Physical Training July 2010
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From the Teacher's Corner 8:

copyright 2010 Douglas Tong, all rights reserved

Case #1

Recently, a beginning teacher, one who had just started a dojo, talked to me about how different it was teaching, rather than learning. He had to be responsible for a lot more than just showing up to train. That is the student’s luxury, not the teacher’s. He was feeling overwhelmed and asked for some help. One of the many issues he brought up was this one:
He was trying to teach the beginners kamae but they just couldn’t do it right. Either the hand is wrong or the feet or the body position or some strange contortions with their bodies and so on. It was really difficult, he said. He was frustrated.

Case #2

A while ago, another teacher with a few years of teaching under his belt told me how his class was becoming mundane. They would do the same opening exercises, which in this case amounted to some practice in kamae, then basic cutting exercises, then kumi-tachi (partnered kata). He felt that the students were getting bored and got the feeling that they felt the class was getting repetitive. What should I do? he asked me. He felt that he had to do something or they would soon be leaving in droves.

Different circumstances, same problem

Welcome to teaching: It is, at times, glorious, at times frustrating. Sometimes glamorous, sometimes exasperating. And in the two case examples we see above (which by the way are true events), we can feel the frustration and anxiety. But before we decide to throw in the towel, let’s look at these two cases in more detail.

In Case #1, this new teacher has a problem. He is dealing with beginners and there is a lot of work to be done. His problem is that there is too much to be done. Everything is wrong. There is too much to fix and naturally he feels overwhelmed.

In Case #2, this novice teacher has a different issue. The class is going fine but it is getting monotonous. Same thing, week in, week out. The routines are set, that is good. But it is too routine now. The danger here is that one might get into the habit of “just going through the motions”. There is no thinking about whatever it is that they are doing, no engagement.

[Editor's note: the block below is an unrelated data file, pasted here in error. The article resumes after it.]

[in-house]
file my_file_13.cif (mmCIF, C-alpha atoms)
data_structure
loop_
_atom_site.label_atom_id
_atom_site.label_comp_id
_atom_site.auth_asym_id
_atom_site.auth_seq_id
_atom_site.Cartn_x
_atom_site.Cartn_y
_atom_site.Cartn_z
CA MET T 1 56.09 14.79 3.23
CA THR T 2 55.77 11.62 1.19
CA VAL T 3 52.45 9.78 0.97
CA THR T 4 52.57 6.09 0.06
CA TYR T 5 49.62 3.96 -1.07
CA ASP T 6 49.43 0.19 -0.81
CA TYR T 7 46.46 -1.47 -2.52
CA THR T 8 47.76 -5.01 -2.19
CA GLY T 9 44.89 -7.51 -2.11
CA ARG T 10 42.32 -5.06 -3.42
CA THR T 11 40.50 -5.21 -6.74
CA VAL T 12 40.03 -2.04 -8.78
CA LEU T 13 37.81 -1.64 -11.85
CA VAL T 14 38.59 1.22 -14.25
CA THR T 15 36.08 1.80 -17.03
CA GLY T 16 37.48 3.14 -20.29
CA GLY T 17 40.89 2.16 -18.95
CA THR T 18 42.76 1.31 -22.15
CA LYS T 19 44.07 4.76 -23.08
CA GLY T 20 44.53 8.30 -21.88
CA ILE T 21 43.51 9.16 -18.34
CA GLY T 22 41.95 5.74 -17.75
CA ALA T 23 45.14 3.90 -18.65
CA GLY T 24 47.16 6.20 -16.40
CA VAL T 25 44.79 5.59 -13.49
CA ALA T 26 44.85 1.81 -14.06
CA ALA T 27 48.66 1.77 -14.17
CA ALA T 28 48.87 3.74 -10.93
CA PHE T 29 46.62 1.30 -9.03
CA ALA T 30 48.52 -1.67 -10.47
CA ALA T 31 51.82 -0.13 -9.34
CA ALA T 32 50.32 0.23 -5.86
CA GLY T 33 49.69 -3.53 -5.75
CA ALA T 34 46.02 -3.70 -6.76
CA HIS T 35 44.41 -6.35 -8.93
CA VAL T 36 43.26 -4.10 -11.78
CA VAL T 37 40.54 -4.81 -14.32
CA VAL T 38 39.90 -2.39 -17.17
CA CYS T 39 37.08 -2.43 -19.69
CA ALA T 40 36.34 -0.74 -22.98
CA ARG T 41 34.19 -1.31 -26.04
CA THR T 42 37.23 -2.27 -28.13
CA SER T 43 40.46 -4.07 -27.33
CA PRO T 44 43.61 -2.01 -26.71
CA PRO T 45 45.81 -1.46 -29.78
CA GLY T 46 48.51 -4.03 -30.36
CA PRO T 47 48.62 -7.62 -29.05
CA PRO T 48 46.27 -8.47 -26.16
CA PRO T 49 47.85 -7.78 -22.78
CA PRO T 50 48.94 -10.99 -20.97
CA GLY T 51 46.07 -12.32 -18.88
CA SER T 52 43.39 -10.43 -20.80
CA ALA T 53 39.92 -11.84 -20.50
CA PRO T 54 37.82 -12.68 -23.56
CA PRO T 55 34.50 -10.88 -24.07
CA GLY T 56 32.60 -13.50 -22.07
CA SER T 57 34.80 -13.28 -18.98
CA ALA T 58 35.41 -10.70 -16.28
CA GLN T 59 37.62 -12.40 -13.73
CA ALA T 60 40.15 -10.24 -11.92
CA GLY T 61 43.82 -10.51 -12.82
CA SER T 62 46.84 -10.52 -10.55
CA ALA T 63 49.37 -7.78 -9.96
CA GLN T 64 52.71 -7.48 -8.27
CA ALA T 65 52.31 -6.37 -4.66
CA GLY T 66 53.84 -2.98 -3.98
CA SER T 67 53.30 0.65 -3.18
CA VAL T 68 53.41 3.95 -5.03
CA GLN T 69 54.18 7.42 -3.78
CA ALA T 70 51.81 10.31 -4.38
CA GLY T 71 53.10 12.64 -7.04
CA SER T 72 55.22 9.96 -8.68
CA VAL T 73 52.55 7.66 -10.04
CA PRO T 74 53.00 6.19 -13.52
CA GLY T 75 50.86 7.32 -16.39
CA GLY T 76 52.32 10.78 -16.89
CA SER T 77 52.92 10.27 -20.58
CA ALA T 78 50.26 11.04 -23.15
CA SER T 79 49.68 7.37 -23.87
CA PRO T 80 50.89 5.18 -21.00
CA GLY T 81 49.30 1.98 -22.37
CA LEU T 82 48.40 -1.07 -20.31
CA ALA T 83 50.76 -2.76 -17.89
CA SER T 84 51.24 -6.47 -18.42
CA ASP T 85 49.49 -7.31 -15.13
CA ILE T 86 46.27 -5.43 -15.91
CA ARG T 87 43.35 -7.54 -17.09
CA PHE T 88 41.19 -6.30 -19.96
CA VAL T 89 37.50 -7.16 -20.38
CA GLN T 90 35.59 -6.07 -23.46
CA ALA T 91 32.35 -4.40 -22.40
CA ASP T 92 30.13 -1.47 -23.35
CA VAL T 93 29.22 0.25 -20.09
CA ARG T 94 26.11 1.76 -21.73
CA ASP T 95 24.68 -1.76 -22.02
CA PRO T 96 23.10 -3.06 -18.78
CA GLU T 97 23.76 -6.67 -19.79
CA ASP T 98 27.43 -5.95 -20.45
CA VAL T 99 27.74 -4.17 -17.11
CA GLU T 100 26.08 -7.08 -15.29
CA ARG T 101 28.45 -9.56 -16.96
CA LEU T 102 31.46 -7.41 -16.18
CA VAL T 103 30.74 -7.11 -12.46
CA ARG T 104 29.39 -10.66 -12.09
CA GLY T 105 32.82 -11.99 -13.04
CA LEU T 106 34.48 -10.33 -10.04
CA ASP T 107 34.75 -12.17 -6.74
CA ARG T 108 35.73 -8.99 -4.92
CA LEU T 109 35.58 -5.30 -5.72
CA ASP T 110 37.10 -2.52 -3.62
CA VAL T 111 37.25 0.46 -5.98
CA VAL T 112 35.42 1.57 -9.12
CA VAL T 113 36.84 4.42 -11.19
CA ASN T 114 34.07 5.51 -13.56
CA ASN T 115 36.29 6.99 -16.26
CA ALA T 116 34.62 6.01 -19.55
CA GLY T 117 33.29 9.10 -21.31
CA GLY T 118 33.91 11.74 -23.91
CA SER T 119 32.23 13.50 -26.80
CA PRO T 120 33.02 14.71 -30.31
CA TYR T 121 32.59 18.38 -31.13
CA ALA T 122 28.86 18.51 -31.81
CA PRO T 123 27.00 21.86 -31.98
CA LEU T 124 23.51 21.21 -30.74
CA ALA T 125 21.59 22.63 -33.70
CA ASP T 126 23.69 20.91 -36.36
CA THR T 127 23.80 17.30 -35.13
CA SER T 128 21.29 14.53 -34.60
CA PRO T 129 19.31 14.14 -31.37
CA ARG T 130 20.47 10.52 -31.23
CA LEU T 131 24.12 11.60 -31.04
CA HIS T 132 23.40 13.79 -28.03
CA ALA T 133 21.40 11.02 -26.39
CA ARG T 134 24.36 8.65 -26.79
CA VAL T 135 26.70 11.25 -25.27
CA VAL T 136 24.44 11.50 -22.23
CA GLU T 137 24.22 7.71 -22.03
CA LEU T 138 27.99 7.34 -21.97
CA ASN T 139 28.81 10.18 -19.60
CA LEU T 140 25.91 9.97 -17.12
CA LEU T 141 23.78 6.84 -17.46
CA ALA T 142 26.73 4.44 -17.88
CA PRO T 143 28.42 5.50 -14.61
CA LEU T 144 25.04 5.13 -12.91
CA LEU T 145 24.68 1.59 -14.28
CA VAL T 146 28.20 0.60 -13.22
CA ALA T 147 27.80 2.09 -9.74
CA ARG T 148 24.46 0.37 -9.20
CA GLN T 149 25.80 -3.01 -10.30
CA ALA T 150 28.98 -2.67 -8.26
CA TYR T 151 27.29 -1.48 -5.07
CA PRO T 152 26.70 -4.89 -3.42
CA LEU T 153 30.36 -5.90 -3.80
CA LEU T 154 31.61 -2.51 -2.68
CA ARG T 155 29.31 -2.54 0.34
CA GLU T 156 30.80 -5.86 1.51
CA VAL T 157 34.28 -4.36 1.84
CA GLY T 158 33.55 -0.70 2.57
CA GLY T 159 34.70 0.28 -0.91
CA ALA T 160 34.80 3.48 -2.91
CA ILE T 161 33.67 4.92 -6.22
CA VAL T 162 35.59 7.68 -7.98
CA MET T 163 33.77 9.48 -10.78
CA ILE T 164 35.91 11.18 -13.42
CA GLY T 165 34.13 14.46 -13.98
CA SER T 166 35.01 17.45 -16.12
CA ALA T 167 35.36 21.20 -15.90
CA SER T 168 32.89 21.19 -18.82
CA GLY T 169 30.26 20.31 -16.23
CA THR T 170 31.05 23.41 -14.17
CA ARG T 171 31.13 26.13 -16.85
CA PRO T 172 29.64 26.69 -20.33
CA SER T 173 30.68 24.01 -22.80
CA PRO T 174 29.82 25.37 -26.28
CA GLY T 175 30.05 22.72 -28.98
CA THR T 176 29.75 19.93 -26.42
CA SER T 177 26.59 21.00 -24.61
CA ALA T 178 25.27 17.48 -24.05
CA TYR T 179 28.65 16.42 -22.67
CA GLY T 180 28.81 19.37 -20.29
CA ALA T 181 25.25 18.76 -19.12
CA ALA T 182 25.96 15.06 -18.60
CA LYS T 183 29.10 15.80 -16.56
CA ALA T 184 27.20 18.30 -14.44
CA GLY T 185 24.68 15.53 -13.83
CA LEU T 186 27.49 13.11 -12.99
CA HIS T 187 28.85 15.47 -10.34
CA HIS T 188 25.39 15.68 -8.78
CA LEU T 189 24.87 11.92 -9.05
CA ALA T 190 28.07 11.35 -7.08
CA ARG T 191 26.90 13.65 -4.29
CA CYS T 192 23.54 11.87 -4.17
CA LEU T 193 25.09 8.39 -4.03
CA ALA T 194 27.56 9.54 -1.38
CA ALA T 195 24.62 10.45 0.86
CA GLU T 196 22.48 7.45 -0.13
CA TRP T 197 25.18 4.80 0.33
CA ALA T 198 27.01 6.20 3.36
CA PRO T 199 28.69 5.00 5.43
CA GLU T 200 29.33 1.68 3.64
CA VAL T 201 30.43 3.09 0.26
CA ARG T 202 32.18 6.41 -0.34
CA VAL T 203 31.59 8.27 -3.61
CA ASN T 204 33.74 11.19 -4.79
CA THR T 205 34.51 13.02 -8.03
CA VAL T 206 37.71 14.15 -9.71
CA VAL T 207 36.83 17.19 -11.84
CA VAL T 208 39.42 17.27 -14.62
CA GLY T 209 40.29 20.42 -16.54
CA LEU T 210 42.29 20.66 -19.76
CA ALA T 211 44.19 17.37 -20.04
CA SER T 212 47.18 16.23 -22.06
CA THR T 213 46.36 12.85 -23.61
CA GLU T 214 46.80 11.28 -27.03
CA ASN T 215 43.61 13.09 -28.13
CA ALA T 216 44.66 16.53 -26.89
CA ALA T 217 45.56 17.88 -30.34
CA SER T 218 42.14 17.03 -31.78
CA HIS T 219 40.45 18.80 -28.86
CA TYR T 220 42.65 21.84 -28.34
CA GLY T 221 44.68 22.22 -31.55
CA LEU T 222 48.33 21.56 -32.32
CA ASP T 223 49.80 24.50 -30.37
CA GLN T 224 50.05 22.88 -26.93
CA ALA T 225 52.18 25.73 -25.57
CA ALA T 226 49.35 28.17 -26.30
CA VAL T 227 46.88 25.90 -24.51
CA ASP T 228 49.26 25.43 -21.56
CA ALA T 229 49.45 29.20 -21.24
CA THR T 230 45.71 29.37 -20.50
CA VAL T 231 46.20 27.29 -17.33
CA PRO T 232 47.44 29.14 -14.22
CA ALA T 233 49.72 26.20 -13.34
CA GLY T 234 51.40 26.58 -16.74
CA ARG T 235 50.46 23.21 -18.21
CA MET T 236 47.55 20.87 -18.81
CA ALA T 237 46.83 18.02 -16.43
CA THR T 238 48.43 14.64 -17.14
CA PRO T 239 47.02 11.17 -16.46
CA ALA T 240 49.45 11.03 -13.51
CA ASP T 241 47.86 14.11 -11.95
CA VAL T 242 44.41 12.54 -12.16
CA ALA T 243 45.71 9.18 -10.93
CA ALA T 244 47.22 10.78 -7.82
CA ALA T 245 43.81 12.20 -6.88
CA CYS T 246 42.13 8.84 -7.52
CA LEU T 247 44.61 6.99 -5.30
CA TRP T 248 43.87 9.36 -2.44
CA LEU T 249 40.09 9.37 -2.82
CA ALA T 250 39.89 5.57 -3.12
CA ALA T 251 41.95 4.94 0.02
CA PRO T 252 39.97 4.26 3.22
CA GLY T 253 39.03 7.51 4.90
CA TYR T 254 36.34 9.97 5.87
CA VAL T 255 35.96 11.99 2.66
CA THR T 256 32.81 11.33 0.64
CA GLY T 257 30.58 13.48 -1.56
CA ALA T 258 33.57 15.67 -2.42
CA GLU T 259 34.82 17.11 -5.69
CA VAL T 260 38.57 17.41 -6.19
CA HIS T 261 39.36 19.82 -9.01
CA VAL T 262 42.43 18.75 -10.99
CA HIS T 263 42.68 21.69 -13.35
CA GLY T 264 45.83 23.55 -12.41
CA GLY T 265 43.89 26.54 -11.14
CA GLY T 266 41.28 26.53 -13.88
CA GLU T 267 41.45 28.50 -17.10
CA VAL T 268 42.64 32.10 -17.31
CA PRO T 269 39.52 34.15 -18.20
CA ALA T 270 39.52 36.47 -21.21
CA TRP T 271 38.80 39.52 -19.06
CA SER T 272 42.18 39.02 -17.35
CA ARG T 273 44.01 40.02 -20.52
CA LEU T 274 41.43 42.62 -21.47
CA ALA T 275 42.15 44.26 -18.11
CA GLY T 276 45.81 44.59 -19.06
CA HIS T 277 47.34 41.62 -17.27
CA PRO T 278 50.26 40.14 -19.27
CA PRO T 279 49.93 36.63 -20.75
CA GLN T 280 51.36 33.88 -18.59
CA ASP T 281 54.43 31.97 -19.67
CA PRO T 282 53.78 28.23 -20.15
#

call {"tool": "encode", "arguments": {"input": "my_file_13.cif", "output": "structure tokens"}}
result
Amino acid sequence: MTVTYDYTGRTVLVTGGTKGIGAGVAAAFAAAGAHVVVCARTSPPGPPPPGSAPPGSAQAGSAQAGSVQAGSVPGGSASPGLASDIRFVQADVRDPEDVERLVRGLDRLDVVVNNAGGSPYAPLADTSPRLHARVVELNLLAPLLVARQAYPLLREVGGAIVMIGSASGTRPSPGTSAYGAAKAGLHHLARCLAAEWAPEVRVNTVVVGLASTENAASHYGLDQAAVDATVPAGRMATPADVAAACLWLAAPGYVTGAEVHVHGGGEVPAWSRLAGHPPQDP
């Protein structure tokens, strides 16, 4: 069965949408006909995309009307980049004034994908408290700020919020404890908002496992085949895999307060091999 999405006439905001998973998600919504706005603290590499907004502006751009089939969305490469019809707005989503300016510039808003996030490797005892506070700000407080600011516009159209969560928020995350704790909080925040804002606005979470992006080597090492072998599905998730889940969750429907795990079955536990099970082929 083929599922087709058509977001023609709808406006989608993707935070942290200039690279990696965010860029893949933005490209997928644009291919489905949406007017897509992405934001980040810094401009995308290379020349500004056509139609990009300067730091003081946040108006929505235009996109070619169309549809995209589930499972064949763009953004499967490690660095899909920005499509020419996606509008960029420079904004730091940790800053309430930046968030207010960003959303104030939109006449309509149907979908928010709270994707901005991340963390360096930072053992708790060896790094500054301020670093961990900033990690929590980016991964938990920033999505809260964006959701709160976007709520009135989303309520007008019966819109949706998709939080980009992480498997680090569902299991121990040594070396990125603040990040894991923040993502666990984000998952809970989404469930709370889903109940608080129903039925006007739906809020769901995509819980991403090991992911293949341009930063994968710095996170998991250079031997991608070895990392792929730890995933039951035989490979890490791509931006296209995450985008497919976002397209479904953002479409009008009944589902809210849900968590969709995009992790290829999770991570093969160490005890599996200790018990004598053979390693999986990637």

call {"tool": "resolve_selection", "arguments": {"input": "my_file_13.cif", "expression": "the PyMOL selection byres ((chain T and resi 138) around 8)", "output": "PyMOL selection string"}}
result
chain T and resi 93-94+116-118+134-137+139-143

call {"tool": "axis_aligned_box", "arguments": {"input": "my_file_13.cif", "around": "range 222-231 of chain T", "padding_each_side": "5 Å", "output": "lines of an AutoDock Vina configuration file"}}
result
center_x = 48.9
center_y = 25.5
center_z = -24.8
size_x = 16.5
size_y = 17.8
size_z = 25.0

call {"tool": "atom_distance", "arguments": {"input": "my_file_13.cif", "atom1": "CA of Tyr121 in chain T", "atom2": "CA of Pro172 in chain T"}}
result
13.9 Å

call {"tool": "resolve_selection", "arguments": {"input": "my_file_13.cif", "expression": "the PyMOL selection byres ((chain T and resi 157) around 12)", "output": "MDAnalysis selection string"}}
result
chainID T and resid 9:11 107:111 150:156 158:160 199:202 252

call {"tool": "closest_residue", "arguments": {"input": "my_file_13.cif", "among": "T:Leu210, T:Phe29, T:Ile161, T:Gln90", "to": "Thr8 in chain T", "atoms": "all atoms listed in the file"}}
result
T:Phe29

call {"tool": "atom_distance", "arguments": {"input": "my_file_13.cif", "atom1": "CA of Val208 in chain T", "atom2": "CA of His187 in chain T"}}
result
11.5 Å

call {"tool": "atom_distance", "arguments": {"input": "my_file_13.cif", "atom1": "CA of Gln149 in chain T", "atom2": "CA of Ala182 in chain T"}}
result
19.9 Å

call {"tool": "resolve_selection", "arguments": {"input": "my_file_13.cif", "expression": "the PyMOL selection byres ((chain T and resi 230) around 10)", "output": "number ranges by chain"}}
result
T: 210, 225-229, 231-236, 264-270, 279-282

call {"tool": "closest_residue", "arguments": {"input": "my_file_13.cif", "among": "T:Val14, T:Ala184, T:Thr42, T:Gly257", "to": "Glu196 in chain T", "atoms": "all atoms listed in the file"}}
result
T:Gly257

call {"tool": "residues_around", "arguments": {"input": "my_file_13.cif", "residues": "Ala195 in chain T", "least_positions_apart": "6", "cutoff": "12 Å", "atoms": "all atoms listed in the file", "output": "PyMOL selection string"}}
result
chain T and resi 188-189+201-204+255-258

While both cases have different issues, they actually both share the same problem. That problem is lack of focus.

“Focus? But I AM focused when someone is pointing a sword in my face!” some might argue.

But no, not that kind of focus. Focus, as it pertains to training goals. In other words, every class should have a focus. You can’t do everything in one class. If you think you can, you are in for some frustration.

Build the house brick by brick

For our beginning teachers, in Case #1, we are confronted with the scenario where there is so much to do, one doesn’t know where to begin. Case #2 concerns a situation where the training has become unfocused and purposeless, like a ship with no captain.

I have talked to teachers in both of these circumstances and this is the list of foci that I usually provide them with:

Practice Objectives: Basic Level

Physical (Body)

sword grip: focus on thumbs (no straight thumb; wrapped around hilt)
sword grip: focus on fingers (last two tight, middle firm, index loose)
sword grip: “twisting a towel”
sword point: no wavering; dead on
foot placement: front foot (straight forward or out)
foot placement: back foot (perpendicular)
body position: orientation (45 degrees in seigan; han-mi in gedan)
body position: hips sideways, not forwards
body posture: erect, upright, no slouching; correct posture
balance: stability
balance: rooted to the ground; both feet flat on floor
balance: 50-50 (no leaning forward or back)
where to look: opponent’s eyes (“metsuke”)
where to look: looking at whole body without looking directly
shoulders: no stiffness, relaxed
elbows: bent, tucked close to body
head: upright, no bobbing, level
back: straight
body movement: settled; not jumpy
body movement: head should be level, not bobbing up and down
body movement: how to “walk”; focus on feet

Technical (Kata)

distance: “ma-ai” (correct engagement distance)
distance: correct distance in all strikes, blocks, and evasions